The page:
Can Microsoft's Surface challenge the iPad?

Can Microsoft's Surface challenge the iPad?

Can Microsoft's upcoming Surface tablet challenge the dominance of Apple's iPad?

Can Microsoft's upcoming Surface tablet challenge the dominance of Apple's iPad?

The Windows based Surface tablet aims to compete with the iPad in the consumer space, as well as offer a solution to business and corporate users.

The Microsoft Surface has a 10.6in display, is powered by the company's new Windows 8 operating system and boasts a magnesium case.

Note: Microsoft will release two versions of the Surface. The first is an ARM-based device running Windows RT aimed at consumers, while the other uses an Intel-based chip to provide the full version of Windows 8 Pro for business and corporate users.


The display on the ARM-based Microsoft Surface has a resolution of 1366x768, giving it a pixels per inch (ppi) rating of 208. The Windows 8 Pro model takes that one step further with a full HD resolution, presumably 1920x1080, though Microsoft hasn't confirmed full specifications of either Surface model.

With little known about the display of the Surface it's tough to compare it to the iPad's retina display, which is undoubtedly the best on the market. Microsoft describes the screen on the Surface as a ClearType HD display, though it's not exactly known what this encompasses. The Surface's ppi of 208 is less than the iPad but ahead of many other Android tablets, with the exception of the ASUS Transformer Pad Infinity and the upcoming Acer Iconia Tab A700 (both 224ppi).


Microsoft has been tight lipped about many aspects of the Surface, including battery life, RAM and camera specifications, but it hasn't held back when discussing the design of the tablet.

The key feature of the Surface is a magnesium case that's manufactured using liquid metal. Microsoft claims the magnesium, PVD finish is the first of its kind in the PC market. Called VaporMg, the case is melted down in the manufacturing process and then moulded to the details needed for the design. The company says bevelled edges have been utilised in order to make the Surface as comfortable to hold as possible.

The Surface will also come with a built-in kickstand, which pops out from the back to stand on a desk or table. Microsoft says that putting a kickstand in the product wasn't an easy decision as it "breaks seamless lines". However, the company stressed it needed to take a chance and says the kickstand hinges attempt to feel and sound like closing the door of an expensive car. Although we are yet to see the Surface, its design certainly looks appealing and the kickstand is one feature that the iPad can't boast. Given a tablet will often be used for watching video content, this could be a smart decision.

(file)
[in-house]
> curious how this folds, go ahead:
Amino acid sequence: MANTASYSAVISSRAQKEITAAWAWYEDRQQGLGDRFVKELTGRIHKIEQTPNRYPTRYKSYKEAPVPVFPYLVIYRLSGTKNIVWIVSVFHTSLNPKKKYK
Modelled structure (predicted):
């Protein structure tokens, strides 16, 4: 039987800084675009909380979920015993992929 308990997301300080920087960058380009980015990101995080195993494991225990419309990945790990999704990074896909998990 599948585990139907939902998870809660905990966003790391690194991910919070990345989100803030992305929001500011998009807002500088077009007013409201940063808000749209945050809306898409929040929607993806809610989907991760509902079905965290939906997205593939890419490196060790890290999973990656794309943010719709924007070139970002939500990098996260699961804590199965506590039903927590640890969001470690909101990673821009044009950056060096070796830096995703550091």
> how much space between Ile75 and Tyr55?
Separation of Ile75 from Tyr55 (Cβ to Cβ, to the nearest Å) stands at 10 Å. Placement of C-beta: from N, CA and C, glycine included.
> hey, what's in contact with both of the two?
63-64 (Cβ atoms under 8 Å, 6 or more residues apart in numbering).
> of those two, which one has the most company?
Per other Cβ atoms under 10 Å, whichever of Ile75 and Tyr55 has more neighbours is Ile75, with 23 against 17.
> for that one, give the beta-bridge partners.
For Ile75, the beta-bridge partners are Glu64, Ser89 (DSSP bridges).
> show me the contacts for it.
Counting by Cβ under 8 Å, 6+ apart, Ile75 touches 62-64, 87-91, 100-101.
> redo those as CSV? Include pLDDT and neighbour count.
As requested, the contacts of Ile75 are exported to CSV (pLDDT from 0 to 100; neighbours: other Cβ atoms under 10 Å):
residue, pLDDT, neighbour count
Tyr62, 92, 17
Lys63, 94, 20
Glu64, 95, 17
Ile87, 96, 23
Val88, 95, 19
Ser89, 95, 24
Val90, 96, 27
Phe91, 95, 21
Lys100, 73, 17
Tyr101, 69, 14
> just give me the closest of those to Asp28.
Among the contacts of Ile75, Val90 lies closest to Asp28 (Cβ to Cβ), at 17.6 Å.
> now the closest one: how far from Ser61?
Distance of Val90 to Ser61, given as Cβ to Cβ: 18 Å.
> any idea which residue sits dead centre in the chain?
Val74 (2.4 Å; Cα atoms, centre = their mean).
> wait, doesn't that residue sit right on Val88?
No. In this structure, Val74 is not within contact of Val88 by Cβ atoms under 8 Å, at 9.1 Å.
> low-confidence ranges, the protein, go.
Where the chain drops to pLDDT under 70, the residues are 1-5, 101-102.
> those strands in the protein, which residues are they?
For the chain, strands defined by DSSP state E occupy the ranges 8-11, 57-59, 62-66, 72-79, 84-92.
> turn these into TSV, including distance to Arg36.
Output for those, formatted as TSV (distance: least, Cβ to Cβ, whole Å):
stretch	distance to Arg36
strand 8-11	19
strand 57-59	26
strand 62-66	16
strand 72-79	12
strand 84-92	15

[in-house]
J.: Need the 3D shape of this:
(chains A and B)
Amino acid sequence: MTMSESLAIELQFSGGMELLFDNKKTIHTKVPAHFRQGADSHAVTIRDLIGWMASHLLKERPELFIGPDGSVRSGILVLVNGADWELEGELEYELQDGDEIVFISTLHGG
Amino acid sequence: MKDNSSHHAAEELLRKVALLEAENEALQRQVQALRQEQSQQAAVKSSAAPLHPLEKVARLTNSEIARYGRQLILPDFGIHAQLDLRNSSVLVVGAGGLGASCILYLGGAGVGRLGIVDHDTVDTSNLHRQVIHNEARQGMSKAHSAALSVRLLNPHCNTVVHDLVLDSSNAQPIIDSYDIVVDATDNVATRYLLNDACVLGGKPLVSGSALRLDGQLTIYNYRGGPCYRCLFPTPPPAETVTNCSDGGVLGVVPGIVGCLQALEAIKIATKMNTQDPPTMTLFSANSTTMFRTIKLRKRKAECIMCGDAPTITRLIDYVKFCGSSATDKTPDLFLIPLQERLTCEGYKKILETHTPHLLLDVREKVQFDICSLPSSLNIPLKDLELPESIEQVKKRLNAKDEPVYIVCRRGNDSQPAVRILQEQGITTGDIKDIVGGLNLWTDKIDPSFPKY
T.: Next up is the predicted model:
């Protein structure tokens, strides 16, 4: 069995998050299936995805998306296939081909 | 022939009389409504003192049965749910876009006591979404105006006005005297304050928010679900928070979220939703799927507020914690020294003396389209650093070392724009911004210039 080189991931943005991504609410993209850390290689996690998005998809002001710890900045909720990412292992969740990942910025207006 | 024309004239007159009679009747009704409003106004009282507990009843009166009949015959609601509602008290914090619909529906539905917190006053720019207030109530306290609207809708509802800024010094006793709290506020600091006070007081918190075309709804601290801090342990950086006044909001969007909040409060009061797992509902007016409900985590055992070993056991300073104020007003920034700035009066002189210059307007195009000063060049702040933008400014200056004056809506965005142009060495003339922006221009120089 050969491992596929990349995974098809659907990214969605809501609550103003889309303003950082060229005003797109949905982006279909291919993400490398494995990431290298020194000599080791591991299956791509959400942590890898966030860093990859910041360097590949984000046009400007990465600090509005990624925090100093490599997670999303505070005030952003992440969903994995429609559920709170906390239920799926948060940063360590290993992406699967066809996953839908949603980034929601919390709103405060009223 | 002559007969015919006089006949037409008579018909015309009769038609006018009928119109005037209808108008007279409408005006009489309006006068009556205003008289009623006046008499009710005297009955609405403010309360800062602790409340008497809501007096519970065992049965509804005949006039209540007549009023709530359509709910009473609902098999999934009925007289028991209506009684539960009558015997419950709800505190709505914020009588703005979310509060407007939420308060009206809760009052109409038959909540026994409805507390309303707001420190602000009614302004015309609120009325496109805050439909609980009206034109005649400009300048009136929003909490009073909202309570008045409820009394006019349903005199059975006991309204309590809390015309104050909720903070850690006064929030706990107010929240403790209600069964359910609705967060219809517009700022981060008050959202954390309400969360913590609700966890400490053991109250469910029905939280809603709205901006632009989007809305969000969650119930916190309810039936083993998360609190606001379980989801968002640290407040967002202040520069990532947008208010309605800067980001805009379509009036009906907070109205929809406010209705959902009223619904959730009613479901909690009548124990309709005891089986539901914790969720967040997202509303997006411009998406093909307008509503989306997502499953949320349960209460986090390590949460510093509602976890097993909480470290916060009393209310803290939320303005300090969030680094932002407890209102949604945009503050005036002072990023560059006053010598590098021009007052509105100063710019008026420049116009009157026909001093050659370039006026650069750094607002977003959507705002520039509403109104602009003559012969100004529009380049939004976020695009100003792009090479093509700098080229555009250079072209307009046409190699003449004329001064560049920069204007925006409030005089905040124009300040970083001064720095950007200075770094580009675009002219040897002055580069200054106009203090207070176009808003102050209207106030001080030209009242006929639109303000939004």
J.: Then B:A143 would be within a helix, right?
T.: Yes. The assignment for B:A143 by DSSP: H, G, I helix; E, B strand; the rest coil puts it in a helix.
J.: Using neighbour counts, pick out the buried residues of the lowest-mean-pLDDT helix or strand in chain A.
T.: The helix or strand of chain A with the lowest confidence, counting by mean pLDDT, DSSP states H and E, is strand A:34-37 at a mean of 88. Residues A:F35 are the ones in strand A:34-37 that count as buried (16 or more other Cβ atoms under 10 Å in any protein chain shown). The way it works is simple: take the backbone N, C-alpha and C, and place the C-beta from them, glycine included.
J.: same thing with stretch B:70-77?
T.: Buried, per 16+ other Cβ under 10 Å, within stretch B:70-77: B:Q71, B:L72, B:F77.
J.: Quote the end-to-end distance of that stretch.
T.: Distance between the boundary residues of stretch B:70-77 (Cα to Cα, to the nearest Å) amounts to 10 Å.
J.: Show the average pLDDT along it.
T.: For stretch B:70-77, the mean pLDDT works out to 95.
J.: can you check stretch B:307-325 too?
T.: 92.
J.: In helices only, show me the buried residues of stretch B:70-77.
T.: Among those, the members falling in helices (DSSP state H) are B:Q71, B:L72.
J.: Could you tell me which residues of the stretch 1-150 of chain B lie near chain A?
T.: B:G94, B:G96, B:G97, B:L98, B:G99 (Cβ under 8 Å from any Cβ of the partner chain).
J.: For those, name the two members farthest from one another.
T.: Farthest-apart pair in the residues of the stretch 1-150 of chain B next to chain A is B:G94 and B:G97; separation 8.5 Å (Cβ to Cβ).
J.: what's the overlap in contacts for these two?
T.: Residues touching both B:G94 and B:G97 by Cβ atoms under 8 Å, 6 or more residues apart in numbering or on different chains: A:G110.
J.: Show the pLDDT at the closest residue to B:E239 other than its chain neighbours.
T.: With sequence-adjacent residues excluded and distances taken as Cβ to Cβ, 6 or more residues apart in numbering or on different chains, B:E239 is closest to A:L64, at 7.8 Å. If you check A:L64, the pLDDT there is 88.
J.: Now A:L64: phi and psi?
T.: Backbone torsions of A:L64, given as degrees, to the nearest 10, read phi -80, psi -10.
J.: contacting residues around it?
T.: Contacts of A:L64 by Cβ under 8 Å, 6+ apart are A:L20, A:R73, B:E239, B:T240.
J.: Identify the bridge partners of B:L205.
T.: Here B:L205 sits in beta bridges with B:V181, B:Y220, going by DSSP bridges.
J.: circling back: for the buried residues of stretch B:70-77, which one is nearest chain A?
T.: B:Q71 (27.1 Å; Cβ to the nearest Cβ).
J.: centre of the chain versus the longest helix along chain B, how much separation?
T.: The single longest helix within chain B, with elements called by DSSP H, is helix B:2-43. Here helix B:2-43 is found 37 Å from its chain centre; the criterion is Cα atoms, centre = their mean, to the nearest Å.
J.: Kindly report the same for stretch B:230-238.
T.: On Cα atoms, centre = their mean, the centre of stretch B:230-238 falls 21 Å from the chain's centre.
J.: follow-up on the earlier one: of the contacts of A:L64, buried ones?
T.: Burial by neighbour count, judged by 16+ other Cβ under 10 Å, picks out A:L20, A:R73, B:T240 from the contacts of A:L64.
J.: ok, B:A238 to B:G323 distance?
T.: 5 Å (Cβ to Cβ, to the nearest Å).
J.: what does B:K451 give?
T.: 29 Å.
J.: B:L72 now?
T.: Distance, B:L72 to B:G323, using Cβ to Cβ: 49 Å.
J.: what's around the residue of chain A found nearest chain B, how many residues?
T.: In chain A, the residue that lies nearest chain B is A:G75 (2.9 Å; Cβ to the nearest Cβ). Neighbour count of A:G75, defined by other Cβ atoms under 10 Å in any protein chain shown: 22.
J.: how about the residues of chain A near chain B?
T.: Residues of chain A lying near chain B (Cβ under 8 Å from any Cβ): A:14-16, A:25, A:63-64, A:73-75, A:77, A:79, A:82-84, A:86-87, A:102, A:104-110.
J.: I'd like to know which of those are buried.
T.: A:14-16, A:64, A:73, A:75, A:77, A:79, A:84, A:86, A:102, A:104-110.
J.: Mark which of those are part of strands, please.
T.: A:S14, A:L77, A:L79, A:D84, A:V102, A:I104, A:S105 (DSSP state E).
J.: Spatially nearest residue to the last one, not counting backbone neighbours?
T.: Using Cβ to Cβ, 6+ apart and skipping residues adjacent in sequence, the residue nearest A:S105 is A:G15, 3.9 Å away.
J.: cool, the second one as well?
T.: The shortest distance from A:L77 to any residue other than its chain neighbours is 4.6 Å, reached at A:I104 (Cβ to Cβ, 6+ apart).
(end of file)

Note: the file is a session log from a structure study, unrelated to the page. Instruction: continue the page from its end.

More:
All in all, if you consider the iPad design a little stale, the Microsoft Surface definitely has some appeal. The tradeoff is a slightly heavier weight and a larger footprint, but Microsoft will be hoping the positives outweigh any negatives.


As previously mentioned, Microsoft will launch two versions of the Surface tablet. The first is an ARM-based device running the Windows RT OS aimed at consumers, while the other uses an Intel-based chip to provide the full version of Windows 8 Pro.

The best way to describe Windows RT is a version of Windows designed specifically for touchscreen tablets running ARM architecture. Windows RT is virtually identical in look and feel to the full version of Windows 8, but it can't run traditional Windows software. Think of it as what iOS is compared to Mac OS X, except with an identical look. Windows 8 RT hasn't been released yet but what you can expect is a smooth, slick experience. If you've used a Windows Phone before, you'll get the idea. The challenge for Microsoft, as always, will be attracting developers to the platform in order to build a quality catalogue of tablet applications.

Apple's iOS software, on the other hand has more apps than any other software platform, but more importantly, it has a large range of excellent, quality apps built specifically for a tablet device. The user experience is generally positive, despite some annoying limitations. The new iPad is an efficient tablet that shows no signs of lag or slowdown during most tasks.

Other features

Microsoft desperately needs to find an edge over Apple in the tablet battle and text input may be one area where it could do just that. The company acknowledged that many tablet users "prefer to have a cover" so the Surface utilises a magnetic connector to attach to a keyboard dock.

There will be two keyboard covers for the Surface available. The first is a 3mm thin accessory called the "Touch cover" that uses a full multi touch keyboard and also includes a trackpad. The Touch cover is available in blue, red, pink and white colours. The second accessory is a "Type cover" which includes a full trackpad with clicking buttons, available in black only. Microsoft says it will appeal to users who prefer traditional tactile keys over touching a flat surface. Both accessories are interesting options and something that Apple doesn't offer for the iPad.

Another drawcard the Microsoft Surface will hold over the iPad is expandable memory. Both the Windows RT and the Windows 8 Pro models of the Surface have a microSD card slot for extra storage. The Windows 8 Pro variant will come with 64GB and 128GB internal memory options while the ARM-based Surface will be sold in 32GB and 64GB variants.

Microsoft says suggested pricing will be announced closer to availability, but stressed the Surface will be priced competitively when compared with an ARM tablet or an Intel-based Ultrabook PC.

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